If your 1031 exchange began in late 2019, you may need to file for an extension of your tax deadline. This is because the normal exchange period of 180 days will be shortened to your tax filing day (April 15th with out an extension) if your surrendered property closed between October 19th and December 31st, 2019. Therefore, it is important to remember to file for an extension in order to protect your complete 180-day 1031 exchange period.
Why does this happen? The regulations outlined in Section 1031 state, “The exchange period begins on the date the taxpayer transfers the relinquished property and ends at midnight on the earlier of the 180th day thereafter or the due date (including extensions) for the taxpayer’s return of tax imposed by chapter 1 of subtitle A of the Code for the taxable year in which the transfer of the relinquished property occurs.”
To explain this a little better, your normal 180-day exchange period can be reduced if you began your 1031 exchange after October 19th, 2019. If you are unable to purchase a like-kind replacement property before the deadline of April 15th, you should consider filing a tax extension in order to allow yourself the full 180 days.
How this Works
For example, Mr. Jones sells Vista Apartment Complex as part of a 1031 Exchange on November 26, 2019. Although the 180th day after this sale of his relinquished property is May 24, 2020 – his tax filing deadline occurs before this and automatically becomes his 1031 Exchange deadline as well. By filing an extension to his tax return, Mr. Jones can extend both his tax filing deadline and revert his 1031 Exchange deadline to the full 180-day exchange period.
Therefore, if your relinquished property closed between October 19th and December 31st, 2019, it’s important to file for an extension on or by April 15th, 2020. This will ensure you don’t lose out on your full 180-day 1031 exchange period.
To determine if the exchange you initiated in 2019 has a 180 day deadline after April 15th, use my 1031 exchange deadline calculator at The 1031 Investor.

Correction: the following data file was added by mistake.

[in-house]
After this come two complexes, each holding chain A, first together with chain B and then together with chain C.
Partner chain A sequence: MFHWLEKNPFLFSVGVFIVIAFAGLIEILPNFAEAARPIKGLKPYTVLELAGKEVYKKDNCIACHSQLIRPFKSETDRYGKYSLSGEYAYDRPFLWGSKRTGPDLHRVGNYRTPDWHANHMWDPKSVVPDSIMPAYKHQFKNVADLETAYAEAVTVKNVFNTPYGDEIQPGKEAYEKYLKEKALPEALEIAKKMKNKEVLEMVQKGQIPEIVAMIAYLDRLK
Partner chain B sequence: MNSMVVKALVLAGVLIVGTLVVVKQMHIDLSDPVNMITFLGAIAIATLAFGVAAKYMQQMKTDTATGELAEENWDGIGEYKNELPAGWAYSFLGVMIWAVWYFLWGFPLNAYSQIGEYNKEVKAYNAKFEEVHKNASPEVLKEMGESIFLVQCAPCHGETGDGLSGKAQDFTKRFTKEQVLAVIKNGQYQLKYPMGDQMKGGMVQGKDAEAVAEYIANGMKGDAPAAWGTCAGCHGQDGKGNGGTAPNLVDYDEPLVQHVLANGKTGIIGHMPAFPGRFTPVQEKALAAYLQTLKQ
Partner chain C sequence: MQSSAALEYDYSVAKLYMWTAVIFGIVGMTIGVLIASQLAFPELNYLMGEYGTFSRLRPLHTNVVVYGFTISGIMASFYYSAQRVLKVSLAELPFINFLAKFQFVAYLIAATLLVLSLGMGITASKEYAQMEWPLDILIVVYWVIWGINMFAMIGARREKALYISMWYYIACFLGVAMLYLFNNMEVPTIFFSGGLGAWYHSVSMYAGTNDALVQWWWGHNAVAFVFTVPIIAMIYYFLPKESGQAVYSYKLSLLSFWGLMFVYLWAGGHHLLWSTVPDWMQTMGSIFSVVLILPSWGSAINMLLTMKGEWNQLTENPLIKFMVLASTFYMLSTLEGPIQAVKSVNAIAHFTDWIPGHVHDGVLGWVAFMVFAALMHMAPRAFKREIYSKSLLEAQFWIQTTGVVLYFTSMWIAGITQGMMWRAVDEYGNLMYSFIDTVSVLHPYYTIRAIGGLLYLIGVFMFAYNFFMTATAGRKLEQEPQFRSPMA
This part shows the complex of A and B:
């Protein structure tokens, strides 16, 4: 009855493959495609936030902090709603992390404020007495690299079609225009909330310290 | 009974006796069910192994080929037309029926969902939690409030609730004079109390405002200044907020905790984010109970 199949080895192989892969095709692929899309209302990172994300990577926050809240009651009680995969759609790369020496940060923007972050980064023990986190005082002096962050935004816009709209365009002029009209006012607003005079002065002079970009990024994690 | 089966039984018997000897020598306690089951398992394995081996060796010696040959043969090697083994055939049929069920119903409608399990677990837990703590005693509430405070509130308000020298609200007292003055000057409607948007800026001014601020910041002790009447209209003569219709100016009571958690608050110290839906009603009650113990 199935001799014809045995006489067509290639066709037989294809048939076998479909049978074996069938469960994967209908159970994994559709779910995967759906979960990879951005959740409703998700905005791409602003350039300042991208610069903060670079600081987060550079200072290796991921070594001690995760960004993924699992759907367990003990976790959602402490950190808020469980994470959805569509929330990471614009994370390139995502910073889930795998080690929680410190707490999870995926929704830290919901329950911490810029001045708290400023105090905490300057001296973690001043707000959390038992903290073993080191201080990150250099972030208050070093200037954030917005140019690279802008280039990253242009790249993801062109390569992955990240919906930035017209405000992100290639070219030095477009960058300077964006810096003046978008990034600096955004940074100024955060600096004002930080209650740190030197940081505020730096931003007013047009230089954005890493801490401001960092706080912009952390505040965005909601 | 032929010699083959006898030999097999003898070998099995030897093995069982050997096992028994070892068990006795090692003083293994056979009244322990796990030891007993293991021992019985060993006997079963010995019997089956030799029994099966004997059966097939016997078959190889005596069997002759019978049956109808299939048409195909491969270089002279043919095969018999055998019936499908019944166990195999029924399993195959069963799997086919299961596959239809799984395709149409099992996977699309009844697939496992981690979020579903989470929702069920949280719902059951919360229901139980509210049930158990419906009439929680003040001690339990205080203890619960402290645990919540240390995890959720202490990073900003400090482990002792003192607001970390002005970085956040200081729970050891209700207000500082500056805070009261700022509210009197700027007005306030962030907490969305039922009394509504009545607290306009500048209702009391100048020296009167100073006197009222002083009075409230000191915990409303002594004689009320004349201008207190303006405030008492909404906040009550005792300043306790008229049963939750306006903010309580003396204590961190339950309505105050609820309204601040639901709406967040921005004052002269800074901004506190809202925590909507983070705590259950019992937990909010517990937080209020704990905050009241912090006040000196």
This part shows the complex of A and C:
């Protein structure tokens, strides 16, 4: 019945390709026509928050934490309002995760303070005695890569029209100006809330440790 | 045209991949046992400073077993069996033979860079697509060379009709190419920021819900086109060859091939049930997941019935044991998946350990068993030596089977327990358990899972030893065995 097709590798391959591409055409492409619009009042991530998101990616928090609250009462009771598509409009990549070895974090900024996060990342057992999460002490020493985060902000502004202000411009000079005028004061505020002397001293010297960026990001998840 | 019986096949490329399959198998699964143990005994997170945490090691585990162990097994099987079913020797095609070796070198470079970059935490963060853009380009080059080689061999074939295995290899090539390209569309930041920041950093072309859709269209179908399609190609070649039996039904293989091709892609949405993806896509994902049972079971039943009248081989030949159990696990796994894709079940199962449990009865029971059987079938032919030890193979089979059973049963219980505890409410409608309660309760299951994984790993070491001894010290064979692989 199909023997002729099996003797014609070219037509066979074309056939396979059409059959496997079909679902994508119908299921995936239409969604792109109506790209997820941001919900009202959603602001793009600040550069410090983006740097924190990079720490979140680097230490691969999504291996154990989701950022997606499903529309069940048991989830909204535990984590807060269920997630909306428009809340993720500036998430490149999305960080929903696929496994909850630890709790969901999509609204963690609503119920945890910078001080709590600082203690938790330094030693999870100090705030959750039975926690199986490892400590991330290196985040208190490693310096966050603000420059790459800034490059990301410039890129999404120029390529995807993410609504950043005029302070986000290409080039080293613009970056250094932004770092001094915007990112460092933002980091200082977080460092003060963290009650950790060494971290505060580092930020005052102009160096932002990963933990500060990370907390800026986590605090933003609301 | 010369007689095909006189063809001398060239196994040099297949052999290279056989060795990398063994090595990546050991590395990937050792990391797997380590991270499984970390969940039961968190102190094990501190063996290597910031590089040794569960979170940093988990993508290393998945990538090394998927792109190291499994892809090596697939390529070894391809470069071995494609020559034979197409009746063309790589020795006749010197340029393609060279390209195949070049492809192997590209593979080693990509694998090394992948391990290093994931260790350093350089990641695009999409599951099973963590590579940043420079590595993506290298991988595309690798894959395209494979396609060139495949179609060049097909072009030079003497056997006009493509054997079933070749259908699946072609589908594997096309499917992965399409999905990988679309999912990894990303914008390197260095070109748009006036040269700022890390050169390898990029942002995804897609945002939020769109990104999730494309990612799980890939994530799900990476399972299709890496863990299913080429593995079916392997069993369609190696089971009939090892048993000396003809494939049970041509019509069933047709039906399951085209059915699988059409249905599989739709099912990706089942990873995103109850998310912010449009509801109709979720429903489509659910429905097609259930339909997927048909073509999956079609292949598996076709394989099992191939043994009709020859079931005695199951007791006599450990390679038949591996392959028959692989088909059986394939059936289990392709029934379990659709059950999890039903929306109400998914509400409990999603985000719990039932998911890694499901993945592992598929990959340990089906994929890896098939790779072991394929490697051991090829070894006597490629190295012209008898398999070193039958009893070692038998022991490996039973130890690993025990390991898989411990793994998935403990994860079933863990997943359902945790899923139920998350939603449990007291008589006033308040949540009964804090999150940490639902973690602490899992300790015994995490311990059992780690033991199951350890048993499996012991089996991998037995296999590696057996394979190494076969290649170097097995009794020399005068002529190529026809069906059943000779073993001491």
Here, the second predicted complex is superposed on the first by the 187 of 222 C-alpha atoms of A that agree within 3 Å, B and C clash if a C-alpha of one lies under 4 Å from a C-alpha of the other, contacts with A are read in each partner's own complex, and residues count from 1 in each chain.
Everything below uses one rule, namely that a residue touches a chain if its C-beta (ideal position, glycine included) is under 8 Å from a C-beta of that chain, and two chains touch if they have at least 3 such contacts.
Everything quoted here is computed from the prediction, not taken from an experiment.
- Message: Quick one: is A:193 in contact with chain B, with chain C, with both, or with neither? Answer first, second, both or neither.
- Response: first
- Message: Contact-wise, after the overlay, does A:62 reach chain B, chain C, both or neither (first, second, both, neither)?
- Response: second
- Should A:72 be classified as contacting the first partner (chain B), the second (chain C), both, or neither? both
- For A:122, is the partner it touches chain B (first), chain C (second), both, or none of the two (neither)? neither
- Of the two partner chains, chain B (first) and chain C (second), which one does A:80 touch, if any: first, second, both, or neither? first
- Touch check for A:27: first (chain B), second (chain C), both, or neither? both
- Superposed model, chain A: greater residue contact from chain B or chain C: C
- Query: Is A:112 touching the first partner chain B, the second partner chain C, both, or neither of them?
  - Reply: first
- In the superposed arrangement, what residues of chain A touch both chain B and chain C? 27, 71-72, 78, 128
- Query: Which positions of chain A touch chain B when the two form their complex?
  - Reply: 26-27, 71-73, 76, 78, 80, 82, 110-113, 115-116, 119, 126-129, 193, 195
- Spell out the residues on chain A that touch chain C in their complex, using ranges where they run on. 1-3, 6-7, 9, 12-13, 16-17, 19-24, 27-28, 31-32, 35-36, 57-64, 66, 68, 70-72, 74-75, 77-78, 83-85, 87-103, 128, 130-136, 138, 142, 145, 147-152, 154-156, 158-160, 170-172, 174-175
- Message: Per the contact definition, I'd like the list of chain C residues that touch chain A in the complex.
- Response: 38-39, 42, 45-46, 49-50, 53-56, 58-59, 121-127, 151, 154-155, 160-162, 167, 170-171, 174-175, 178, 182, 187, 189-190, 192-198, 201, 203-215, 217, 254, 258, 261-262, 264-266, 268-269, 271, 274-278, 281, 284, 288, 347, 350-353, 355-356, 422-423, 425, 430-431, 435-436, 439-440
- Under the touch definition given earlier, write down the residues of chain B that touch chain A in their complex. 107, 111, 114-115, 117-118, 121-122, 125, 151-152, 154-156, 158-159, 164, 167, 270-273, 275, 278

To get more information about how to file for an extension, check out the IRS website for complete instructions.
If you have several different investment properties, it may be beneficial for you to sell them and invest in a larger property with a consolidation 1031 exchange. If you have been focusing on single family rentals, for example, you may own quite a few smaller properties. But, this can leave you spread over a large area trying to maintain multiple locations. What if you could exchange all of those properties for one large unit such as an office building? The good news is, with consolidation 1031 exchanges, you can!
What is a Consolidation 1031 Exchange?
To put it simply, a consolidation 1031 exchange starts with the sale of investment real estate and ends with the purchase of investment real estate. As long as the property valuations work out, consolidation 1031 exchanges allow you to sell multiple units and combine their value into a larger purchase.
For example, if you have four single-family homes selling for $250,000 each, they could be sold and combined to purchase a property worth $1 million. This does require additional planning as the timing of your sales and replacement purchase must fall within the IRS mandated time frames. Coordinating extended and/or rapid closings with your purchasers and entering into a contract on your replacement property may require extra effort and negotiation.
Why do I need a Consolidation Exchange?
One of the main benefits of using a consolidation 1031 exchange is the deferment of taxes. Typically, when you sell your investment property, any gain is subject to taxation. Also, whether or not you took advantage of the available depreciation deductions while you owned the property, you will still be subject to “depreciation recapture” taxes. However, this is not the case when using a 1031 exchange.